Nathan Katz: It was just natural for me to try judo

The number 48 of the World Ranking Nathan Katz is former Oceania Champion in judo. He took a fifth place at the Grand Prix in Montreal, but he is the first choice for his continent.

Nathan trains with his brother Josh at home in the time of COVID-19. He gave interview to the portal Judo Inside.

You come from a judo family. Can you tell us a bit about your parents and their involvement in judo?

My mother went to the Olympic Games in Seoul 1988 when judo was first introduced as a demonstration sport for women, and my father was the coach of the women’s team. They’ve both been national coaches for many years. They’ve also been running the Budokan Judo Club for over 20 years now.

As a kid, were you pressured to take on judo because both your parents were so into judo?

Not at all. I think it was just natural for me to try judo as I was always surrounded by it from such a young age. My brother and I would watch our parents teach at the club and we’d play by the side. As soon as we were old enough to try judo for ourselves, eagerly did so and we loved it. But we played other sports too. It was only later, when I was around 14 years old that I decided to focus on judo.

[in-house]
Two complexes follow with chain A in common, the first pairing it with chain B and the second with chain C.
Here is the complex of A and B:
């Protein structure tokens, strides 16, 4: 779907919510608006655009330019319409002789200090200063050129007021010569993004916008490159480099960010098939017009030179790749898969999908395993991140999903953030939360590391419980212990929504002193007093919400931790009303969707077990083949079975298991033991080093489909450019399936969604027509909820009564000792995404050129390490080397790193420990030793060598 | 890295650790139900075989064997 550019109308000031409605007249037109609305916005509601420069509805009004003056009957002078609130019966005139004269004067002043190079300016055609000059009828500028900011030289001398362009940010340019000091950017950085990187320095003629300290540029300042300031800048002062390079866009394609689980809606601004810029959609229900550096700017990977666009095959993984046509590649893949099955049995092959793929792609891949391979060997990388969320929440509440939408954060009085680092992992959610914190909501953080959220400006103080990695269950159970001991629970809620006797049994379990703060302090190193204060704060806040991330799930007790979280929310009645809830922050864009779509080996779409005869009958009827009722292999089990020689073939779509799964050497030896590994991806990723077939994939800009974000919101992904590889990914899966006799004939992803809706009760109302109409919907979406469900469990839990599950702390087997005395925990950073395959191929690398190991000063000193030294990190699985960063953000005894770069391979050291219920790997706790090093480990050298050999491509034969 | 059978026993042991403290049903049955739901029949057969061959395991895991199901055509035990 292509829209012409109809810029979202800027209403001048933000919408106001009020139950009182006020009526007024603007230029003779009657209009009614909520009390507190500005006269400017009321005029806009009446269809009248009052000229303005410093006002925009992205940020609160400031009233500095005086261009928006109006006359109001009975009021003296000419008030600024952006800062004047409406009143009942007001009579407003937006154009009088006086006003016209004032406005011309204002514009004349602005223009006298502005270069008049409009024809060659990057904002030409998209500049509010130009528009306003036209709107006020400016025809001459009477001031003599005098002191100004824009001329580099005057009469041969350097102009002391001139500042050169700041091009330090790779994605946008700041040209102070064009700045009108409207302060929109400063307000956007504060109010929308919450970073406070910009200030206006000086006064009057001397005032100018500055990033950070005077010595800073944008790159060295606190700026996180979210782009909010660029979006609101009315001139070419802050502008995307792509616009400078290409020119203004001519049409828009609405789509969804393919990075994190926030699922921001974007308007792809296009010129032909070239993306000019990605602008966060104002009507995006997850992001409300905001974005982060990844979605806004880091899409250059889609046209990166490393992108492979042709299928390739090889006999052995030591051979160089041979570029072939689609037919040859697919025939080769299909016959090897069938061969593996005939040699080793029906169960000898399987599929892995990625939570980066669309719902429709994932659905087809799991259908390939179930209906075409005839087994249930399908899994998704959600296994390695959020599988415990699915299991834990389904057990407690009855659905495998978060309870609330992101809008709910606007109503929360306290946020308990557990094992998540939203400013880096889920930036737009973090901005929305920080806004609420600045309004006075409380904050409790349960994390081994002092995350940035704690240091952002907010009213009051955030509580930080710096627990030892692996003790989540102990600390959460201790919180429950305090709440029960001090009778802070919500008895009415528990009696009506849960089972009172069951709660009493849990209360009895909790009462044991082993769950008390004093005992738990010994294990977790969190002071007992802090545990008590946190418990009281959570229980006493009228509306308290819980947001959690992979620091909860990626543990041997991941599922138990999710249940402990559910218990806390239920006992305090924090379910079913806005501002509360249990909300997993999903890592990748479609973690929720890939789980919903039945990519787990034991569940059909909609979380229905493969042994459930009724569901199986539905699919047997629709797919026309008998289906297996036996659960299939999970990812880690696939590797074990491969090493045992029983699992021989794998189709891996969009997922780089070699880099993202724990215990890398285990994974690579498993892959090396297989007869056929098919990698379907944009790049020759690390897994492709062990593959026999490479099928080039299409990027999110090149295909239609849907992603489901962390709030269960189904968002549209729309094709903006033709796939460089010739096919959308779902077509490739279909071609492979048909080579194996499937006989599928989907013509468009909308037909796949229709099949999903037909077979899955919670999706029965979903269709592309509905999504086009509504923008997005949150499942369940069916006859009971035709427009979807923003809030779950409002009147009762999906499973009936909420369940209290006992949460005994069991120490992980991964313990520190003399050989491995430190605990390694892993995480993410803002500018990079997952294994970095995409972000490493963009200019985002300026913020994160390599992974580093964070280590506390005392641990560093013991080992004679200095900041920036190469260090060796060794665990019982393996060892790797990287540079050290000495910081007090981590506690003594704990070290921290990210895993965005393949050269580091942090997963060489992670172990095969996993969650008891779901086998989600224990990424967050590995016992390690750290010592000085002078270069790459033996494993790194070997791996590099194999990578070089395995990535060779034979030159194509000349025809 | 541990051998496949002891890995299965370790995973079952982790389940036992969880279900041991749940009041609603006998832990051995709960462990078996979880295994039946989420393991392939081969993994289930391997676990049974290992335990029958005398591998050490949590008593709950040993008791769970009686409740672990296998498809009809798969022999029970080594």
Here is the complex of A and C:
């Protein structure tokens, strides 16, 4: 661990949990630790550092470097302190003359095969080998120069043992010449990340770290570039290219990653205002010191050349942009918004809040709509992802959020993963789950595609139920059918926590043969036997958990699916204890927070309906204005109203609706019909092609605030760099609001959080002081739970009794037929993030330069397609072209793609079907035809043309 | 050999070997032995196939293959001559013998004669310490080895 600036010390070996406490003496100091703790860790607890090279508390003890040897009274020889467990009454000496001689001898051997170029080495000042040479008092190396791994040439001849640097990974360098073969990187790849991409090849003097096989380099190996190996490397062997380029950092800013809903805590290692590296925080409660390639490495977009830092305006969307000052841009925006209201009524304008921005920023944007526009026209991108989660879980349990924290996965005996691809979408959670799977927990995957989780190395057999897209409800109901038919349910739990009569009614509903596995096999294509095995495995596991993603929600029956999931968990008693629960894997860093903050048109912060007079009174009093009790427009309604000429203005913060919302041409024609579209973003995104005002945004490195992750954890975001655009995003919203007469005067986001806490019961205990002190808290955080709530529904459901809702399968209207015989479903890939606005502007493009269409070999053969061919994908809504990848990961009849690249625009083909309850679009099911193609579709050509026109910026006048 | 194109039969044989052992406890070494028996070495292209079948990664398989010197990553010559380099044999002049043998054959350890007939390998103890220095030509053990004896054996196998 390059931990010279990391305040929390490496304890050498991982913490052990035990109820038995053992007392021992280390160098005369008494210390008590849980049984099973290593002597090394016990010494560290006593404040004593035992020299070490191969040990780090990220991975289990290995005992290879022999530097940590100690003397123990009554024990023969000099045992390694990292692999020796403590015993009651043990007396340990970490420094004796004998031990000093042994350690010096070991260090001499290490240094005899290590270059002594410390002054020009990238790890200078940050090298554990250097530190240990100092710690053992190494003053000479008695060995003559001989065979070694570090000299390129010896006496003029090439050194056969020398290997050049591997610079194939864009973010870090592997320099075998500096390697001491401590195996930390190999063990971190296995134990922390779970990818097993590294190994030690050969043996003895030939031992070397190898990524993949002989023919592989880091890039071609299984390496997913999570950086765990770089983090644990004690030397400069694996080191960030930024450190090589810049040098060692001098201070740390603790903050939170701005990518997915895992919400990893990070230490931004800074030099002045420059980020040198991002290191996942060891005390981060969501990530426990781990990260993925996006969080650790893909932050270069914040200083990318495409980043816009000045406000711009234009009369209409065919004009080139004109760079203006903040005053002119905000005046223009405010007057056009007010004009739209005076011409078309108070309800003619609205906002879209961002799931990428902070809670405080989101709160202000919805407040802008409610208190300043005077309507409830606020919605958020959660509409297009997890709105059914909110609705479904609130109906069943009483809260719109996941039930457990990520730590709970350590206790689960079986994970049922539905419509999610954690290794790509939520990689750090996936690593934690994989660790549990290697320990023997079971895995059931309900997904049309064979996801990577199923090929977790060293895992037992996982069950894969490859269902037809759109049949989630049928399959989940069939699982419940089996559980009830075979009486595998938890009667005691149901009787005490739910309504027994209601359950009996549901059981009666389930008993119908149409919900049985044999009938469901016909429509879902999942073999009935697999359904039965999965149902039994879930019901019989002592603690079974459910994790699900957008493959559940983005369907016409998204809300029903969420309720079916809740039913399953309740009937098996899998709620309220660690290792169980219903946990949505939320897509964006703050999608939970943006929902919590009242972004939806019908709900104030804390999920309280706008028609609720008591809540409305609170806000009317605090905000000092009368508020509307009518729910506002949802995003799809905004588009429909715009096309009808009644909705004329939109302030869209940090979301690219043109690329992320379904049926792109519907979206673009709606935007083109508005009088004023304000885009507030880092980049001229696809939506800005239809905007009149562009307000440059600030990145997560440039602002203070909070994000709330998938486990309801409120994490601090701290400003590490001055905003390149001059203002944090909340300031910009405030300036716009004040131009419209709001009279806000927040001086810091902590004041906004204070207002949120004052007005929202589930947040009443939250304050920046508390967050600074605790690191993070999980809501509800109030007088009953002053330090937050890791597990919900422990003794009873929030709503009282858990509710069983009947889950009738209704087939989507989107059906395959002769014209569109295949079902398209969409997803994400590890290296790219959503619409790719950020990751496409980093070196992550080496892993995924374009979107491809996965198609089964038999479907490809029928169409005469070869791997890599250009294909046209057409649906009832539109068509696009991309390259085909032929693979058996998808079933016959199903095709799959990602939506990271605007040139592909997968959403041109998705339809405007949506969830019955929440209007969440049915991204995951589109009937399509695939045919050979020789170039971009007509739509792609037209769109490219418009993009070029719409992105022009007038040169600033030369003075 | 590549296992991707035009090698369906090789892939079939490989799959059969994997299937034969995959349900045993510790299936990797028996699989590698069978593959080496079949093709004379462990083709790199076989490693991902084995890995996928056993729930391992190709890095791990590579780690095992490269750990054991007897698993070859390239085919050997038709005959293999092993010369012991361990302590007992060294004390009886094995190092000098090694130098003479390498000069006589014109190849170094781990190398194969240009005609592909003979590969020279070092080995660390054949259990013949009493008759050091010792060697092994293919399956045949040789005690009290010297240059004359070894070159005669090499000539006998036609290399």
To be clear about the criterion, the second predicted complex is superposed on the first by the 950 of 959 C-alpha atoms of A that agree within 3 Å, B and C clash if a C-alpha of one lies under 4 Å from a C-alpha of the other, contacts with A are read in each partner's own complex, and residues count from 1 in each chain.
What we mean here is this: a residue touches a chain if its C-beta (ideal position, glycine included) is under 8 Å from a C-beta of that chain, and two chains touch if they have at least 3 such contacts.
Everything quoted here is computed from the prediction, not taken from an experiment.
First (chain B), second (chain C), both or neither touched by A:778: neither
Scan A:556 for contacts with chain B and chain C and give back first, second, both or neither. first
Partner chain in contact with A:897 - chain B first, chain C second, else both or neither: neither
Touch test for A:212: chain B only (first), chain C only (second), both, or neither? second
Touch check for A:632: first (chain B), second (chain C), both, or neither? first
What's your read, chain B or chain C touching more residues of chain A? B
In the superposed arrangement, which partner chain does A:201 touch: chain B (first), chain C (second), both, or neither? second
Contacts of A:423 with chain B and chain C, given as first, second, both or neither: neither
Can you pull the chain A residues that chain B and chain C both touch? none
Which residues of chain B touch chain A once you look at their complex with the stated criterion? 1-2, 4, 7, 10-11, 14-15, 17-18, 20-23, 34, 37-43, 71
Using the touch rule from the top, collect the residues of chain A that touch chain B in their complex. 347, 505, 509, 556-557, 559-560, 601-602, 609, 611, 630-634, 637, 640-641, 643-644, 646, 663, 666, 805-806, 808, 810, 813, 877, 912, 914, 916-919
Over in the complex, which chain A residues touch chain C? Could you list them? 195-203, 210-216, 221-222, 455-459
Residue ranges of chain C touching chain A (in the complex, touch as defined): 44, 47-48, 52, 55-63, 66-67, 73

What motivated you to do so?

As a kid, I used to watch video tapes of the World Championships and the Olympic Games and dream about competing and winning major medals. When I was 14, I decided this was the time to start working on that dream in a serious way.

What’s your club like?

Our club is one of the strongest in Australia, with many national champions from Under 12s through to seniors, but we also have a large number of recreational players who do judo for fun and exercise.

Do you have any judo heroes?

Growing up, I looked up to Daniel Kelly who was a four-time Olympian for Australia and is now my national coach. My favourite judoka of all time is Masashi Ebinuma of Japan. He is a great person and a real champion. His judo is incredible and I love his spirit on the mat.

Are national players spread out all over the country?

Sydney is the most popular city for judo in Australia but it is still a minority sport. Most of the national team players are based in Sydney or Melbourne. Two of our athletes live full-time outside Australia and my brother, Josh, and I spend six to eight months out of the country.

Is there a national training center where centralized training happens?

No. This is difficult to do given the size of Australia and the lack of funding to support athletes. Each state gathers their national team athletes once a week to train together, and the national teams comes together about once or twice a year.

Read the whole interview here.

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